Gaga also suffered—but in much a more public way.
Lady Gaga also had a hard time after the song, but it wasn’t with an individual—it was with a whole crowd. When performing in Las Vegas, fans kept calling out to her about the Cooper rumors. Gaga had had it and told the audience in no uncertain terms that there was no romance between her and Cooper—let’s just say her language was a lot more colorful than what I’d use.
And speaking of language, at Oscars 2014 it wasn’t clear what dialect John Travolta was speaking.
It seems that John Travolta should’ve been sent back to remedial class—like the one in TV’s Welcome Back Kotter— because he clearly needed pronunciation lessons. Producers of the 2014 Academy Awards told him he needed to introduce the musical theater performer Idina Menzel. Before going on stage, Travolta took one look at the name and asked for special help: He wanted them to spell the name phonetically.
Kudos for thinking ahead—but things did not go as planned.
Once on stage, Travolta looked at the teleprompter and saw a real mess; it was just a bunch of letters that didn’t make sense. But that's not going to stop a movie star like John Travolta! With all the confidence in the world, he proudly announced the wickedly talented...Adele Dazeem. Is that even close? Travolta, who apologized to Menzel many times, later gave an excuse for his mistake.
Apparently, he’d just seen Goldie Hawn and was starstruck. Okay, that’s a good excuse, but what about Laurence Olivier’s blunder?
One of the tensest moments in any award show is the announcement of the Best Picture nominees. At the 1985 awards, the usually articulate and, let’s put it bluntly, long-winded Laurence Olivier was about to list the nominees but decided to do a little self-editing. Instead of making everyone squirm in their seats with anticipation, Olivier simply yelled out the winner: “Amadeus!” Maybe it was past his bedtime?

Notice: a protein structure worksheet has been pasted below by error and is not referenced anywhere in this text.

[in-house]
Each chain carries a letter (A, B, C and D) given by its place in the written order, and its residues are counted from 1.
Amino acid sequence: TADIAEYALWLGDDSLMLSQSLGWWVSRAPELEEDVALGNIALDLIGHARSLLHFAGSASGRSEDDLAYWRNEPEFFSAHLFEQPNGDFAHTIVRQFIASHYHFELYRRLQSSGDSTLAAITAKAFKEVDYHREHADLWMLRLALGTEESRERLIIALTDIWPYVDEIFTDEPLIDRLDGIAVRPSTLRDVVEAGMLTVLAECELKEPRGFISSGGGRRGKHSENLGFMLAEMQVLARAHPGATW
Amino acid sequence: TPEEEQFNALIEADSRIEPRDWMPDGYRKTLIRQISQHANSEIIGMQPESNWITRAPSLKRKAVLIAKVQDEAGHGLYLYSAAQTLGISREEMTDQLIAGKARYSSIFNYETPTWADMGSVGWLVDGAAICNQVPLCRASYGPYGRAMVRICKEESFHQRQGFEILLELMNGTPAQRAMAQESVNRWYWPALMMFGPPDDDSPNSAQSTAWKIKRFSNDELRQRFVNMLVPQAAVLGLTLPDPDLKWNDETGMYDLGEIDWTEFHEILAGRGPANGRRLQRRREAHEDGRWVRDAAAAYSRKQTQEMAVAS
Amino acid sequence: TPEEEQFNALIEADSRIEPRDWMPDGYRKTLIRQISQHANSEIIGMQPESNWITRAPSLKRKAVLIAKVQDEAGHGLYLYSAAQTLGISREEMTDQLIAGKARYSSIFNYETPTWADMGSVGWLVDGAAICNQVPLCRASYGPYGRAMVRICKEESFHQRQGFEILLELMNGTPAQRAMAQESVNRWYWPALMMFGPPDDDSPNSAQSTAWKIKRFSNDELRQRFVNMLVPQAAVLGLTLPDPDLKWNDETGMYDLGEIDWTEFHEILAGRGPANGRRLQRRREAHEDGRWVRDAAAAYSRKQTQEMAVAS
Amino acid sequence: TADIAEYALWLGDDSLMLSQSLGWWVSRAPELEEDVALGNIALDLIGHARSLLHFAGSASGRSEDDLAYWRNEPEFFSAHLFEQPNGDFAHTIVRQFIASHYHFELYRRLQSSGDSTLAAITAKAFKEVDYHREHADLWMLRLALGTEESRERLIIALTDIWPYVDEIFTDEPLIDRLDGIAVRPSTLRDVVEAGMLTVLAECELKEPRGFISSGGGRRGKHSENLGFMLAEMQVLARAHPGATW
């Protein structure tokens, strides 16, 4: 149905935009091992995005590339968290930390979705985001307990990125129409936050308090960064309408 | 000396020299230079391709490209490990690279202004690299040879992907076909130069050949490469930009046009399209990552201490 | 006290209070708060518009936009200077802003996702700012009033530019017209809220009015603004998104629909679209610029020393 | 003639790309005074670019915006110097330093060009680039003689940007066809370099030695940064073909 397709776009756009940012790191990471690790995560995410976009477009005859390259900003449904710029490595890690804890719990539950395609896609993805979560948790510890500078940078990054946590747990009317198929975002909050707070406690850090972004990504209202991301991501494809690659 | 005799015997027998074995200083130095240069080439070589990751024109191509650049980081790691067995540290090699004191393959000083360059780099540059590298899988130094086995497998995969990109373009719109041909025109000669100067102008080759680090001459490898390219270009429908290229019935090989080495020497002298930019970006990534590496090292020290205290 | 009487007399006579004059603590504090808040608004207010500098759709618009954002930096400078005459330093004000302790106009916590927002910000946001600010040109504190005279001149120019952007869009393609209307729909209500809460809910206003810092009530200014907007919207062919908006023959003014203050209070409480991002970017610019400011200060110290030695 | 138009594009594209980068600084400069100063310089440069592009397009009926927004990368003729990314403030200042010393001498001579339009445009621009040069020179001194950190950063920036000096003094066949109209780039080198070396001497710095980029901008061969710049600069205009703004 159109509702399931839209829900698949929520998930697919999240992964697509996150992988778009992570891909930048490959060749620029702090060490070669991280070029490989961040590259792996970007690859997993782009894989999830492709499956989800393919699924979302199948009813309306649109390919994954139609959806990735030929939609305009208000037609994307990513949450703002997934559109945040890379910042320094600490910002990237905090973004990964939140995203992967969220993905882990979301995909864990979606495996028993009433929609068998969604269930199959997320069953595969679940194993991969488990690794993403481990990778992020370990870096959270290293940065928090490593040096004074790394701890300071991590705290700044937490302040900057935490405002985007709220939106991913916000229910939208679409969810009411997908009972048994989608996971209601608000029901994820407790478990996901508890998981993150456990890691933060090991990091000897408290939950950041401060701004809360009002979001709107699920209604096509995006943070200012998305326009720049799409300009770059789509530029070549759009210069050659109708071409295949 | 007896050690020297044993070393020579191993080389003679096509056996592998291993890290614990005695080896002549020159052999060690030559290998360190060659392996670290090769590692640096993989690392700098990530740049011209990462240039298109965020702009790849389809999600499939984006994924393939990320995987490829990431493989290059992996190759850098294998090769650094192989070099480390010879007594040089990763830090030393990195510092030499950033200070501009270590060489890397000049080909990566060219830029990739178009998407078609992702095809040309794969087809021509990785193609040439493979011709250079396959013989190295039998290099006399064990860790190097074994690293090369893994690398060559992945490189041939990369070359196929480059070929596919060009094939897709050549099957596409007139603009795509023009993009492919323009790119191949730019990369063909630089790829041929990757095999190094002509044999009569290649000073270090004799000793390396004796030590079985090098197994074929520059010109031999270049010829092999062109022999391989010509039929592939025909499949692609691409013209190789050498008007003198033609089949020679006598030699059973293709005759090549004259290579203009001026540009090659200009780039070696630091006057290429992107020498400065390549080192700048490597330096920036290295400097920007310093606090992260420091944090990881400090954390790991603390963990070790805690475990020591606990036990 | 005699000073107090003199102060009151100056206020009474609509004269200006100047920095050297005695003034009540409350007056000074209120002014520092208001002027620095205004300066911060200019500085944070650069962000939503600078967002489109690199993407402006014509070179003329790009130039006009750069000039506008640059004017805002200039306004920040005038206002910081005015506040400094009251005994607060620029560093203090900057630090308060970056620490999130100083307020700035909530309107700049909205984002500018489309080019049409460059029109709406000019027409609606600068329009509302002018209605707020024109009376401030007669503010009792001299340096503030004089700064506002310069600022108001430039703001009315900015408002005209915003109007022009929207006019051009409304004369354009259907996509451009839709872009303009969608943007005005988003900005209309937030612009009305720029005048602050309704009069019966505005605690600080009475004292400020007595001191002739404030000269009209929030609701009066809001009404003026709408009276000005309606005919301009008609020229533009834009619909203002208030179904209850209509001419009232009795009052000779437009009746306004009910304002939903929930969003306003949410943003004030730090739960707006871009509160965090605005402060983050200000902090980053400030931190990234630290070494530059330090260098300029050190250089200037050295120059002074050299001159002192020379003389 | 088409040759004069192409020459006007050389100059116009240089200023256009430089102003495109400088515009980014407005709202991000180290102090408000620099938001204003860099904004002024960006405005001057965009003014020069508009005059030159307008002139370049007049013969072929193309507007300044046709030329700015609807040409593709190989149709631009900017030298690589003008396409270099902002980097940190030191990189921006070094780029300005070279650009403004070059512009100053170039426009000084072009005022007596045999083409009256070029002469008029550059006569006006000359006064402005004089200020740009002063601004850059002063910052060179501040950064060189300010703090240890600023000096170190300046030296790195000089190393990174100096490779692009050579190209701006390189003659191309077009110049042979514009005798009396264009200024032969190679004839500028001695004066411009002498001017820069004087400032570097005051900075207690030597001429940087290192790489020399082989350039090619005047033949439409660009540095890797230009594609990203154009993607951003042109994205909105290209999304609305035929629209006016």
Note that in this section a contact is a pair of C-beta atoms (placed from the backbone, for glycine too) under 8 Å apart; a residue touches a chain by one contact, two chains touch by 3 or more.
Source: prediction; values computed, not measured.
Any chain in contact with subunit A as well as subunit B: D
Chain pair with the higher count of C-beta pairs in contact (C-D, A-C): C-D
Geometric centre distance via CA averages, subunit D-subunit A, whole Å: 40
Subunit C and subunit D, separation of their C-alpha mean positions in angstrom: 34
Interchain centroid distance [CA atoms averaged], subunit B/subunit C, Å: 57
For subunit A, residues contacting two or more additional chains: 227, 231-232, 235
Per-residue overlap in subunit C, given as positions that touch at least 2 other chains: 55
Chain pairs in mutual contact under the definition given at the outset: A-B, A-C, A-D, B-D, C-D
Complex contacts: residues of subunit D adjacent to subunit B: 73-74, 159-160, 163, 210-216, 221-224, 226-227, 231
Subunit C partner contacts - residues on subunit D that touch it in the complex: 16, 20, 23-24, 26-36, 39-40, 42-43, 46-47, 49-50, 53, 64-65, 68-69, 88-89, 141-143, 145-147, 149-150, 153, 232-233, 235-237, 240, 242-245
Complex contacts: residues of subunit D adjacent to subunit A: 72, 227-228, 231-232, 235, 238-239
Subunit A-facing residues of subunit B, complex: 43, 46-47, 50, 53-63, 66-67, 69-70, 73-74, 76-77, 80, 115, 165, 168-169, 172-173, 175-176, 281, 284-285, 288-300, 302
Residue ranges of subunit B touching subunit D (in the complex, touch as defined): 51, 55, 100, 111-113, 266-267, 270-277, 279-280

I guess it's better to be rushed over than be mistaken for dead...
The most somber moment in any Academy Awards show is the In Memoriam Reel. Imagine being film producer Jan Chapman. When she was watching the slide show of the recently deceased, she saw something shocking: Her own picture on the screen! The woman who had passed was Janet Patterson, and her loved ones were horrified to see her name beside the wrong picture. All in all, it was a major “in memoriam” mess up.
But few years earlier, the Academy had screwed up something worse.
In 2006, Ang Lee’s Brokeback Mountain was battling it out with Crash for Best Picture. The gay cowboy flick seemed to have an edge over Paul Haggis' Crash, but most thought that a movie about gay guys on horseback would not appeal to the oldsters in the Academy. Well, they were right. Both Poseidon Adventure’s Ernest Borgnine and Tony Curtis of Some Like It Hot said something strange about Brokeback Mountain that would go down in Oscar controversy history.
Borgnine and Curtis both had to share their belief that John Wayne wouldn’t like a movie about gay cowboys. You might say, "Why would that matter?" Well, apparently it did. When it came to Oscar night, the haters prevailed: Crash took home the trophy. Many critics thought the result was a sham. They thought that, not only was Brokeback Mountain the better film, Crash might just be the worst Best Picture winner ever.
Seven years earlier, however, something similar—but more deceitful—had happened.
In 1999, when Steven Spielberg took home the Best Director trophy for Saving Private Ryan, it seemed like the Best Picture award would also be his. A few minutes later, something unexpected happened: Shakespeare in Love took the top honor. There was quite a variety of speculation as to why this happened, but there was one common belief and it was a big one: The responsible person was Harvey Weinstein, who had used his malevolent influence over the entertainment industry to get his picture into the top spot.
And speaking of disgraced monsters, let’s talk about Roman Polanksi.
In 2003, Roman Polanski received a nomination for Best Director. Polanski, whose wife, Sharon Tate, was a victim of the Manson Family, was unable to accept the award for a dark reason: He was living in Paris to avoid going to prison. Back in the late 1970s, Polanski had drugged and assaulted a minor. And what did the Academy think about Polanksi’s past sins? Well, they gave him the trophy for his film The Pianist.